This story has been updated.
Deputy Mayor Kirk Lewis plans to introduce a resolution to Detroit City Council Tuesday morning that would call for the body to approve a financial consent agreement with the state.
Proponents say the agreement would help the city stave off a state-appointed emergency manager and begin the proces of righting Detroit's finances. The city could run out of cash in May and faces a projected $270 million deficit for this fiscal year.
But opponents, including several Council members, say the proposed consent agreement is just emergency management in disguise. It would create a nine-member financial advisory board with power to approve budgets and contracts and instate a chief financial officer and project management director with final say-so on spending and city operations.
(SCROLL DOWN FOR UPDATES)
Another wrench was thrown into the process Monday, when an Ingham County judge prevented Detroit's financial review team from meeting to approve the consent agreement. The document must be signed by the review team, City Council, Mayor Dave Bing and Gov. Rick Snyder. Judge Joyce Draganchuk found the review team could not meet because its 90-day term had expired.
On March 26, in its final meeting, the review team found Detroit to be in a state of "severe financial emergency" but had not yet entered into a consent agreement. The team did not, however, recommend the governor appoint an emergency manager.
Whether the team can now enter into an agreement with the city remains for the courts to decide. The state plans to appeal Draganchuk's ruling.
Still, the mayor's office wants action on the consent agreement from Council Tuesday. Gov. Rick Snyder said Thursday is a final deadline for any agreement, otherwise he could choose to appoint an emergency manager to take control of Detroit.
"We're comfortable with it as written," Lewis said of the agreement during a special Council session Monday. But whether there are enough votes for it to pass the body remains unclear. At least three Council members -- JoAnn Watson, Kwame Kenyatta and Brenda Jones -- oppose a consent agreement in any form. Council Members Saunteel Jenkins and Andre Spivey and President Charles Pugh said they would like an agreement to include real cash assistance from the state.
"I think the state should be bringing money," Jenkins said Monday.
State officials have made no guarantees, citing the need for legislative action on any appropriations for cash assistance.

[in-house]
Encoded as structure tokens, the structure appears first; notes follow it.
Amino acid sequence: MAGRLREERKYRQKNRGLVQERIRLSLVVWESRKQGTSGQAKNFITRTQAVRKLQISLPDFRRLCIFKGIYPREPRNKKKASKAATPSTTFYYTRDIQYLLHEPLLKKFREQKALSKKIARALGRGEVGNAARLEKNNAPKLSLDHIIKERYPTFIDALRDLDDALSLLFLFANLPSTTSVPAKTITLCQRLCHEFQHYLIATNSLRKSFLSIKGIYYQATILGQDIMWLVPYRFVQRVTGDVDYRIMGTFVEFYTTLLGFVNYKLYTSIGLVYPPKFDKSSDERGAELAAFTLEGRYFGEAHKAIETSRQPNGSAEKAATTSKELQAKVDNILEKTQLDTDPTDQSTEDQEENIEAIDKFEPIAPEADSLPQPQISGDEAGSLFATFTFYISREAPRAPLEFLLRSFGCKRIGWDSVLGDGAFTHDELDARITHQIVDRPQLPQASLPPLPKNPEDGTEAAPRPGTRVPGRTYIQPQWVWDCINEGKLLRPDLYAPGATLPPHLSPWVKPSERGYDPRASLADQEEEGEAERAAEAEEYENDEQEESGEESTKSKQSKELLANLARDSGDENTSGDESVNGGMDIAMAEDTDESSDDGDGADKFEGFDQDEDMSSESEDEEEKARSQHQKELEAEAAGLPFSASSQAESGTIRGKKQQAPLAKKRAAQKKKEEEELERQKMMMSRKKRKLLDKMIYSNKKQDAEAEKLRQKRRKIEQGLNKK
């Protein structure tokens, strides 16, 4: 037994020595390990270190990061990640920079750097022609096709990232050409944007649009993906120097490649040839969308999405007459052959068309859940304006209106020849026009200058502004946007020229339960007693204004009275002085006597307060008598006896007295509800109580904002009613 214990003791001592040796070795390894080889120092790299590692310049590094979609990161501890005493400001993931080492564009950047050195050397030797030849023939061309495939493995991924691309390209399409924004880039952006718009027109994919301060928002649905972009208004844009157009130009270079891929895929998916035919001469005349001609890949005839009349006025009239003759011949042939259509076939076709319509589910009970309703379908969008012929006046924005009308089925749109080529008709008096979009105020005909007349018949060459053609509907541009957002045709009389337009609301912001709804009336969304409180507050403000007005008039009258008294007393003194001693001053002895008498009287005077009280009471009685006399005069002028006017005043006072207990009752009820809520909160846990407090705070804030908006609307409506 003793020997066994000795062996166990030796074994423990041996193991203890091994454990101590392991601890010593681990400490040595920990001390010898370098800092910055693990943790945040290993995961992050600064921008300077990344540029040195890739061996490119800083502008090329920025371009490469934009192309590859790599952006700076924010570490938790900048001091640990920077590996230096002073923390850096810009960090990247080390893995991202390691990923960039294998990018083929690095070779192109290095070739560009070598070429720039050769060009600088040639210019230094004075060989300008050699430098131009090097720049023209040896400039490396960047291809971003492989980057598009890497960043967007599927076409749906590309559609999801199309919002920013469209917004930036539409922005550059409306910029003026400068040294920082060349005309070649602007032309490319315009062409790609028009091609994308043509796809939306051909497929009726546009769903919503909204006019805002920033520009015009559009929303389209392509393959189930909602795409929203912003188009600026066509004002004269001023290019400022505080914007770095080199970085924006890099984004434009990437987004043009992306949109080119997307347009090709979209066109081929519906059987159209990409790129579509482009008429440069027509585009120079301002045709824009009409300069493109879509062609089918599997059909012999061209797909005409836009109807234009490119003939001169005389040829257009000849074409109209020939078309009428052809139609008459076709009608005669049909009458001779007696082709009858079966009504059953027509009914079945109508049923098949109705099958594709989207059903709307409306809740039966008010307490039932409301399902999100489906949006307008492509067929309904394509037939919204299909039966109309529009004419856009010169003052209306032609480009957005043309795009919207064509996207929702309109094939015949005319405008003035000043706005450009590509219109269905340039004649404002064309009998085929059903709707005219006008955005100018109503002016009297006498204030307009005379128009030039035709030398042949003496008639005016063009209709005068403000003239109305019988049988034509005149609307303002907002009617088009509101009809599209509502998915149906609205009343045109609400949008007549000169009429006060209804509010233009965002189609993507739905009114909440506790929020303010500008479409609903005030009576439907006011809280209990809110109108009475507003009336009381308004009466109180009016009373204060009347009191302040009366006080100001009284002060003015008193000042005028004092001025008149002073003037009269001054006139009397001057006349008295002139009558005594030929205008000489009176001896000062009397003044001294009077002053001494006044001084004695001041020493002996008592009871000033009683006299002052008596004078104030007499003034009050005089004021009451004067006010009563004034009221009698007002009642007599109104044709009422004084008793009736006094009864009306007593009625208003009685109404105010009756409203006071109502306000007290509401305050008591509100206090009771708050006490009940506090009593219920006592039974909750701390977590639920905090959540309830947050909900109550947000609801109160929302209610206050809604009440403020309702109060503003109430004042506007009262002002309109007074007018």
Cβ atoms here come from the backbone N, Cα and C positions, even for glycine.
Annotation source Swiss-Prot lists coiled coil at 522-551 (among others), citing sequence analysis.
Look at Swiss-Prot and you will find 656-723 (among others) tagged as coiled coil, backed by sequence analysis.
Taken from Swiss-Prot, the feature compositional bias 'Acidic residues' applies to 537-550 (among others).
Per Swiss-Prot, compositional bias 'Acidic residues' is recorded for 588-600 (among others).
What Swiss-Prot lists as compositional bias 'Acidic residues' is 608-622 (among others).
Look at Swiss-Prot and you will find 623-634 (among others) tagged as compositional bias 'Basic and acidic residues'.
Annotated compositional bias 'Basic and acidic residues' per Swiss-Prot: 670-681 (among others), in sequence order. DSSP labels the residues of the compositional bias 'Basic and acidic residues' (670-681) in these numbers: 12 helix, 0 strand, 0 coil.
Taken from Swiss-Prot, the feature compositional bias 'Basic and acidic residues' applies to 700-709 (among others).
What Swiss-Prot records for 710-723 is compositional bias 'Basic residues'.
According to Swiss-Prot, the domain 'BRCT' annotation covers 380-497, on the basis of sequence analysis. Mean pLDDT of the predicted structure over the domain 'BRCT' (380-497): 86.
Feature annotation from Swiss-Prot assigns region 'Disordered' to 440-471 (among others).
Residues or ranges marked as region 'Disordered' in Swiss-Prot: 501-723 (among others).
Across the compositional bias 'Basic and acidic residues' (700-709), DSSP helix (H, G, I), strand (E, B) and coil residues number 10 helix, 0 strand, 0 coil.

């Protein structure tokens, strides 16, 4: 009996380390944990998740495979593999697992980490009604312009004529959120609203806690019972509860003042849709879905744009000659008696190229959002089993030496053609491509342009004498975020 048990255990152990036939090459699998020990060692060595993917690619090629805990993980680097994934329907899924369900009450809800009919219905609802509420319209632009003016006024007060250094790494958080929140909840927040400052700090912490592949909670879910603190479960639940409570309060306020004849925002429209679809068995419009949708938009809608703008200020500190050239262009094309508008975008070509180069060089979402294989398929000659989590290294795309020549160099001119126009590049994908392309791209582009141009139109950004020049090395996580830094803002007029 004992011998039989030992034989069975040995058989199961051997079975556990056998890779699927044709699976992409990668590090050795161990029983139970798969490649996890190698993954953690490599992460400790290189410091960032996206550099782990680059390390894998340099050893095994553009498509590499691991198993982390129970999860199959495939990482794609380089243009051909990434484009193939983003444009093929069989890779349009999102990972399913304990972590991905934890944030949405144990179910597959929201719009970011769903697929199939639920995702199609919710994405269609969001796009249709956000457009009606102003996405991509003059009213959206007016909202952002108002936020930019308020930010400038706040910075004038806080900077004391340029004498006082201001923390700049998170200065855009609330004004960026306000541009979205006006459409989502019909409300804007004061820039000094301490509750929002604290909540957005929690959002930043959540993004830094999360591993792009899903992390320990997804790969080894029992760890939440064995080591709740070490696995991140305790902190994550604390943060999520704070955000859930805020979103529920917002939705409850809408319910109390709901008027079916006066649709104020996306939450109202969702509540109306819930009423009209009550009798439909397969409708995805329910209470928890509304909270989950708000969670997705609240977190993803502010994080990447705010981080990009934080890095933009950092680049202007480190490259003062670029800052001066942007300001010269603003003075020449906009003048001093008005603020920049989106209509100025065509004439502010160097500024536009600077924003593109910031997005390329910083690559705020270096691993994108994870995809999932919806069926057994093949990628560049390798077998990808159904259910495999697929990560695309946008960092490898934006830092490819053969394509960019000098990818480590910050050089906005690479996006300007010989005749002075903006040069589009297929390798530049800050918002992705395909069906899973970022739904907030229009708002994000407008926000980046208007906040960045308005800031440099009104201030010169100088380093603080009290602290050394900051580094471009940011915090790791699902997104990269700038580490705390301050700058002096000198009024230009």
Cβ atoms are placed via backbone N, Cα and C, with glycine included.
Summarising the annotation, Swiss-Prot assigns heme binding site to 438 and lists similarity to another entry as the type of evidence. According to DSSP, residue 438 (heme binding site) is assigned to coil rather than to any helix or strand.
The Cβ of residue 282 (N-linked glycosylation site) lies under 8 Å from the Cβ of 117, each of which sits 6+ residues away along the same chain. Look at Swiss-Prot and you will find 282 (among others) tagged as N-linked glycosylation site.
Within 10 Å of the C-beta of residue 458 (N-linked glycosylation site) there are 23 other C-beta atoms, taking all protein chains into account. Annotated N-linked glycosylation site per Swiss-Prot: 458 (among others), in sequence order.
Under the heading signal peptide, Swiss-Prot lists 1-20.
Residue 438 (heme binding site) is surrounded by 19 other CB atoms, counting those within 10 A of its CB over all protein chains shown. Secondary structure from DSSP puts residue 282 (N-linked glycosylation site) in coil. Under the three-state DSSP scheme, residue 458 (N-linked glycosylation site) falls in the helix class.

Detroit residents who turned up at Monday's meeting spoke passionately against the consent agreement, urging Council members to stand their ground and not "sell out" the city. Many pointed to recent court actions and the likely success of a petition drive to suspend Public Act 4, the emergency manager law, as reasons to forego approving the consent agreement.
As written, the document would remain in effect even if Public Act 4 were suspended or repealed -- a fact that led Council Member JoAnn Watson to call it an end-run on democracy.
UPDATE: 5:45 p.m. -- City Council chose not to vote on the consent agreement Tuesday, with President Charles Pugh saying the body would schedule a special session to continue discussion Wednesday afternoon.
Some Council members suggested the body do nothing until court cases surrounding the Detroit review team and the city's ability to enter into a consent agreement were resolved.
But the governor has set a Thursday deadline for a consent agreement to be approved, and Pugh said he was "not good at playing chicken."
"I don't want to take the risk and then we go into an emergency manager or Chapter 9 bankruptcy," he told reporters following the meeting. Pugh said he was disappointed the draft consent agreement did not include direct cash assistance from the state, but said he would support it anyway to avoid an emergency manager.
"Whatever we need to do I'm willing to do," he said.
But whether there's a majority vote on the Council to approve the ageement remains unclear. Council Member Andre Spivey made it clear Tuesday he would vote no on the agreement, and Council Members Watson, Kenyatta and Jones were also opposed.
Pugh and Pro Tem Gary Brown appear the only sure yes votes, with likely approval from Ken Cockrel, Jr., though he raised some objections to the document's language during Tuesday's session.
Detroit City Council adjourned discussion of the consent agreement until a special session Wednesday. Check back here for updates.
City Council decided not to move the resolution to approve the consent agreement to new business, and therefore will not vote on the document today.
The city's law department gave its analysis of the proposed consent agreement to City Council Tuesday afternoon.
The document, obtained by The Huffington Post, leaves several questions open.
Corporation Counsel Krystal Crittendon found some confusion over whether the agreement is authorized under a specific state statute. If it's not, "there is no authority under the Michigan Home Rule City Act for the city to enter into such an agreement with the state."